Nursing 101: All About Breastfeeding

More Breastfeeding Tips

Breast Friends

Theoretically, all you need to breastfeed is a breast. In reality, all of these products help ensure success.

  • Medela Cure Swabs help heal sore spots (800-435-8316 or medela.com).
  • Glamourmom's Tank Top Nursing Bra is cute, comfy, and discreet (888-579-4666 or glamourmom.com).
  • Gerber Breast Therapy Warm or Cool Relief Packs relieve engorgement and sore nipples (Babies "R" Us).
  • The First Years Disposable Lanolin-Covered Pads replace sticky creams (thefirstyears.com).
  • Peaceful Pea's Nursing Nest makes it easier to nurse lying down -- great for c-section moms (peacefulpea.com).

The Rules of Engorgement

Even if you nurse often, sometimes your breasts still get engorged. It's hard for a baby to latch on to a rock-hard breast, so here's how to relieve that painful feeling and get the milk flowing.

  1. Stay cool. Applying ice packs or bags of frozen peas to your breasts is one way of easing the pain. Another tried-and-true remedy? Cabbage leaves! Keep a large head of green cabbage in your refrigerator or freezer. When you feel sore, peel off a leaf, stick it in your bra, and voila! An instant breast-shaped ice pack.
  2. Take a warm shower. Heat promotes the flow of milk. You'll lose a little milk in the process, but if you're nursing regularly, there's more where that came from.
  3. Express yourself. Expressing a small amount of milk manually or with a pump can help soften things up so baby can latch on more easily.
  4. Take it lying down. Lying on your stomach relieves the pull of gravity and for some women soothes the pain.

Nursing Shopping List

These supplies will help make nursing easier, which will increase your odds of nursing longer.

  • Several supportive nursing bras. Look for styles without an underwire. The wire can dig into your milk duct and interfere with milk production.
  • Lanolin ointment designed for nursing moms. It helps soothe sore nipples.
  • A nursing pillow. These clever, inexpensive pillows save your back and help you position baby more easily.
  • Nursing pads. You'll have far less laundry to do if you place these absorbent pads in your bra to catch leaks.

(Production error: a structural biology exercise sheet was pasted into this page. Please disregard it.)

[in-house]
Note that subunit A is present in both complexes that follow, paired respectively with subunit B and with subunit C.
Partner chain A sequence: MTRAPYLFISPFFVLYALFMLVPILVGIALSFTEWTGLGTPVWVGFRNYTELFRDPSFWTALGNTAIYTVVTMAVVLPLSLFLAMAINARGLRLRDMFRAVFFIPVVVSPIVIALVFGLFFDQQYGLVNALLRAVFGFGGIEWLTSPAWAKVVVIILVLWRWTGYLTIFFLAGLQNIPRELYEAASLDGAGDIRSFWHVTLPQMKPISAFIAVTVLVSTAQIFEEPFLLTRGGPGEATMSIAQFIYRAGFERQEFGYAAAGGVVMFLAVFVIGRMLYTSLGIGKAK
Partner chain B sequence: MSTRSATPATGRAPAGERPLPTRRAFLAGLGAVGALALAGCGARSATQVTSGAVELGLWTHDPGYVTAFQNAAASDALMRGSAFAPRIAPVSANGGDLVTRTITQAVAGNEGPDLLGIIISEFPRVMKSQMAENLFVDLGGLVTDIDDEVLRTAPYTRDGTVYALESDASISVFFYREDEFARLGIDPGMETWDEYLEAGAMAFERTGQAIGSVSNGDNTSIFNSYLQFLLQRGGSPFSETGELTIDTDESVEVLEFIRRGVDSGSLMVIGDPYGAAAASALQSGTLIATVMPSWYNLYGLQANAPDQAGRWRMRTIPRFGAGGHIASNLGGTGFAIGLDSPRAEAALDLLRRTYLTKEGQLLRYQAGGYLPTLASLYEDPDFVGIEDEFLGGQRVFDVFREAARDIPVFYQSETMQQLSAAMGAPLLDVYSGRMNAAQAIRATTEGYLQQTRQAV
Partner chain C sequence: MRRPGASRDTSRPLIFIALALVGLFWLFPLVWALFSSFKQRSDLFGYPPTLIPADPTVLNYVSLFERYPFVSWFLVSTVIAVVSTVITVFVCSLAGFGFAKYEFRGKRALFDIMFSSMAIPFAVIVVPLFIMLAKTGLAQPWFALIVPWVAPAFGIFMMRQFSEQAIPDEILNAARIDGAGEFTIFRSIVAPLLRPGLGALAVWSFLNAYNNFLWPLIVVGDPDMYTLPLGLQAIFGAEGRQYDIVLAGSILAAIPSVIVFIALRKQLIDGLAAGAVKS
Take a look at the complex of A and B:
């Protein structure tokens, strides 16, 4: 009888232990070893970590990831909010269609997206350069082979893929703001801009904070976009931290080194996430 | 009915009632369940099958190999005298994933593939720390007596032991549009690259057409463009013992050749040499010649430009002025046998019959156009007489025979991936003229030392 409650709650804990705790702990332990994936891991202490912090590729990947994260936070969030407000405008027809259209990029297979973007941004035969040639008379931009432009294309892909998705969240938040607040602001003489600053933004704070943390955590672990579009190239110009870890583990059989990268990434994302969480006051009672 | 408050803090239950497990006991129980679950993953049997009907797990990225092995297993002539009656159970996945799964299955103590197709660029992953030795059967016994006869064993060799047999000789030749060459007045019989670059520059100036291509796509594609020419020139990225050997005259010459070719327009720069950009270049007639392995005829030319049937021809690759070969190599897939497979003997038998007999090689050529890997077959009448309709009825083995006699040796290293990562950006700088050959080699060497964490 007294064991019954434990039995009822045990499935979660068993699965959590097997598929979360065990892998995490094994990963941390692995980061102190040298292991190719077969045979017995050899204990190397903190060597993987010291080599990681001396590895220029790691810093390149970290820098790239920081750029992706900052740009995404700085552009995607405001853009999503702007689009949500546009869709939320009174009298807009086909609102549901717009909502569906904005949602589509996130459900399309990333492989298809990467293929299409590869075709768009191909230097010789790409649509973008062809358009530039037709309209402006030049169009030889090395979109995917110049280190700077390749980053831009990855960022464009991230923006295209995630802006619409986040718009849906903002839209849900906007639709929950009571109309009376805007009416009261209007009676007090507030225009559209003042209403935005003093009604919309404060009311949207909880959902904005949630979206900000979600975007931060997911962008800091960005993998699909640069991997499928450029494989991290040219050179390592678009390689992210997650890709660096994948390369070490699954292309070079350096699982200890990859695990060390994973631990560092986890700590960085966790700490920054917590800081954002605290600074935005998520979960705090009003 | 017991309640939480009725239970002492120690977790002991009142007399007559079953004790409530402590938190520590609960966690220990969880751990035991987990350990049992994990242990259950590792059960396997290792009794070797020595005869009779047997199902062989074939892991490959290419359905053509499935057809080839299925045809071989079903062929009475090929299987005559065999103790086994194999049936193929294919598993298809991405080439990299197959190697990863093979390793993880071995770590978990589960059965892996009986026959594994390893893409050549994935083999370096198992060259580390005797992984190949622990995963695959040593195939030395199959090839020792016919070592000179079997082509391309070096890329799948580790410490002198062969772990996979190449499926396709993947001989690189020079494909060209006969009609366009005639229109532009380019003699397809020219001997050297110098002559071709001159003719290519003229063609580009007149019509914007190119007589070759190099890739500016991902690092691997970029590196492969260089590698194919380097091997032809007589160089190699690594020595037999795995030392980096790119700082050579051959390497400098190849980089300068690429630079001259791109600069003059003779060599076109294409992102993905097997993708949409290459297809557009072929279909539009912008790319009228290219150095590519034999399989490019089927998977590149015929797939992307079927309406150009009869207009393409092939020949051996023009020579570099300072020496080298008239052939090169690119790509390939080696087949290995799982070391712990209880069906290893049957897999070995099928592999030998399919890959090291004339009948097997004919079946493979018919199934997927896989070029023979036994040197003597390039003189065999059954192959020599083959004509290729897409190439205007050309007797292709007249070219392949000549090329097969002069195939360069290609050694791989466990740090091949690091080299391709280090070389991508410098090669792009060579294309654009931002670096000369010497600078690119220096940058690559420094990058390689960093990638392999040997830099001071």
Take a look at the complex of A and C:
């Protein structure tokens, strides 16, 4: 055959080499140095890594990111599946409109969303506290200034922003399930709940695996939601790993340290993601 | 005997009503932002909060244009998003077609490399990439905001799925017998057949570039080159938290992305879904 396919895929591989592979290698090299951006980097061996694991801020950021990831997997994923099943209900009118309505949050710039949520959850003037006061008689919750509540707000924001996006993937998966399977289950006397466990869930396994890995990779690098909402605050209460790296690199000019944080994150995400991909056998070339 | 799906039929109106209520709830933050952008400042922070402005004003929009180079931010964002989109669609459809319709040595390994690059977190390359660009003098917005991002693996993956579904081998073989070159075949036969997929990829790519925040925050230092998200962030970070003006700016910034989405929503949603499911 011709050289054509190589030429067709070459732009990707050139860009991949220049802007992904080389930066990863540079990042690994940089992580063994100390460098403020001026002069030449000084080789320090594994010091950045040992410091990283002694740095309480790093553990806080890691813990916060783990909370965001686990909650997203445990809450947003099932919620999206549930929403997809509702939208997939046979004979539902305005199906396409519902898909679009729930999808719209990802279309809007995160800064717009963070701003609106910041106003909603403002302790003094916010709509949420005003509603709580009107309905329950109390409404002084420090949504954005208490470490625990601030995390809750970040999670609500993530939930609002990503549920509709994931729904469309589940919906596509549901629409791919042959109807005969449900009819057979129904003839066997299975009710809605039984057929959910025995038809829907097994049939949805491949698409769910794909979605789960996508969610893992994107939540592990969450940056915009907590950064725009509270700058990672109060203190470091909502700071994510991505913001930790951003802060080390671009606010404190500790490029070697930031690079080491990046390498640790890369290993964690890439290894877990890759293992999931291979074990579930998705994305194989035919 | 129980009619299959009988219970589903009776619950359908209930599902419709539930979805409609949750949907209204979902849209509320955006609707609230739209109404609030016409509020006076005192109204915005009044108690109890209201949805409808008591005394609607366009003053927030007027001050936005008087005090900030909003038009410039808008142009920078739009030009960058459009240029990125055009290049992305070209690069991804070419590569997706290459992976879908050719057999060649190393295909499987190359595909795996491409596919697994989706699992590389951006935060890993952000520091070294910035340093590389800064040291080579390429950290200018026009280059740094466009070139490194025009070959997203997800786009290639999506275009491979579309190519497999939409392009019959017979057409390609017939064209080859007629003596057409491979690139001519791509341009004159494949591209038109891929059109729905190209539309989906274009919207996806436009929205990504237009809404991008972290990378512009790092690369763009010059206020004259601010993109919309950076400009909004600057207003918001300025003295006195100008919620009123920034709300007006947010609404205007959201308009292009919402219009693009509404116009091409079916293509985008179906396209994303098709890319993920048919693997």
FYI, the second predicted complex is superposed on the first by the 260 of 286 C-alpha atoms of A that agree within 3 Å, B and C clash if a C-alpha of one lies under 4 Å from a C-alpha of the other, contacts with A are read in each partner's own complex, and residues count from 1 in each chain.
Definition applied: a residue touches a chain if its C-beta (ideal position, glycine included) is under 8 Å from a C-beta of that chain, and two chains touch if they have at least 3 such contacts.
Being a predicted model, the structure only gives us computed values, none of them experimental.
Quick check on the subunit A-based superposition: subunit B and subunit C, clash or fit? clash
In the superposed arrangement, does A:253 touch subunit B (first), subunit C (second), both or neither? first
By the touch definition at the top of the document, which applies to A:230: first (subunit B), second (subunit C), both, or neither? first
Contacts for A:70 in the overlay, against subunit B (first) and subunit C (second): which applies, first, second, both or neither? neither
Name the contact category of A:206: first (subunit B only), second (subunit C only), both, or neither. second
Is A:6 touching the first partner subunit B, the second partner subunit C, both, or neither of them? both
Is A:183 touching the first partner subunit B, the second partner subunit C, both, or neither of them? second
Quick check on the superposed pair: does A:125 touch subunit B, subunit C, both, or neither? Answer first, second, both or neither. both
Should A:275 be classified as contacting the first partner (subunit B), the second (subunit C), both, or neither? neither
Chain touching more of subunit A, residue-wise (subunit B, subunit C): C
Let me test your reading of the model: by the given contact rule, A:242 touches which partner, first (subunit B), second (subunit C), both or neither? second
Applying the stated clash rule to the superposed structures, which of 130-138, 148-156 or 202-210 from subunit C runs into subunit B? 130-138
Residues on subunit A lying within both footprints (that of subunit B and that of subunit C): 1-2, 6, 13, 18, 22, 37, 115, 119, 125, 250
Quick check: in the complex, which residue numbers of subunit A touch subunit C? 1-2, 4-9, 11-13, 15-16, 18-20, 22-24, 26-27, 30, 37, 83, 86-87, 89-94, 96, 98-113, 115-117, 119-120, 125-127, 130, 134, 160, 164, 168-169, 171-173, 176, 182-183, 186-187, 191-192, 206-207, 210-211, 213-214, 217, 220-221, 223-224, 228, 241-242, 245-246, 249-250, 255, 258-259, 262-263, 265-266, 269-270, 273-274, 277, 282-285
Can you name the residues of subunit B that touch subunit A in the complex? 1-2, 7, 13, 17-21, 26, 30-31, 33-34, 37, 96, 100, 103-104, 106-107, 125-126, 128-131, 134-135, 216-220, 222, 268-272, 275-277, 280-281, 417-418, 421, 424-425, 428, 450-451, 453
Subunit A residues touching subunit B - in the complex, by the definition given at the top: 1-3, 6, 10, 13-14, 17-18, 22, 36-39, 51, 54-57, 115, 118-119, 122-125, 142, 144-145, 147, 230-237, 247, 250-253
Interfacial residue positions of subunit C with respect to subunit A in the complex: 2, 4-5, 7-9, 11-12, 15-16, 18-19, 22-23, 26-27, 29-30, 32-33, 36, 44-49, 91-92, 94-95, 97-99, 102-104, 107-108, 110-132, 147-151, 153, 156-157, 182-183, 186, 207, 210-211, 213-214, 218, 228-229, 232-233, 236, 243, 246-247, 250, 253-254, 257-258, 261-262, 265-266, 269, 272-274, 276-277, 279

• A breast pump. There are many kinds, from handheld to electric. All of them help relieve engorgement and may even allow you to prepare some reserve bottles so you can leave your little one with a sitter for a few hours.

Hey, That Hurts!

Your breasts have never been subjected to the jaws of a hungry newborn before, so for most moms, it hurts in the beginning. But cracked, bleeding nipples and constant pain are a signal that you need some help; your baby may not be latched on correctly. A lactation consultant can help correct your baby's latch through positioning and exercises, and she can also offer advice on how to heal your nipples.

Sometimes nursing pain is caused by an infection called mastitis, when bacteria enters the breast and multiplies in a milk duct. If you have it, the infected area will become hot and red, and you'll also suffer flulike symptoms. Nursing, safe antibiotics, and warm compresses help heal the infection.

Originally published in American Baby magazine, August 2004.

All content here, including advice from doctors and other health professionals, should be considered as opinion only. Always seek the direct advice of your own doctor in connection with any questions or issues you may have regarding your own health or the health of others.

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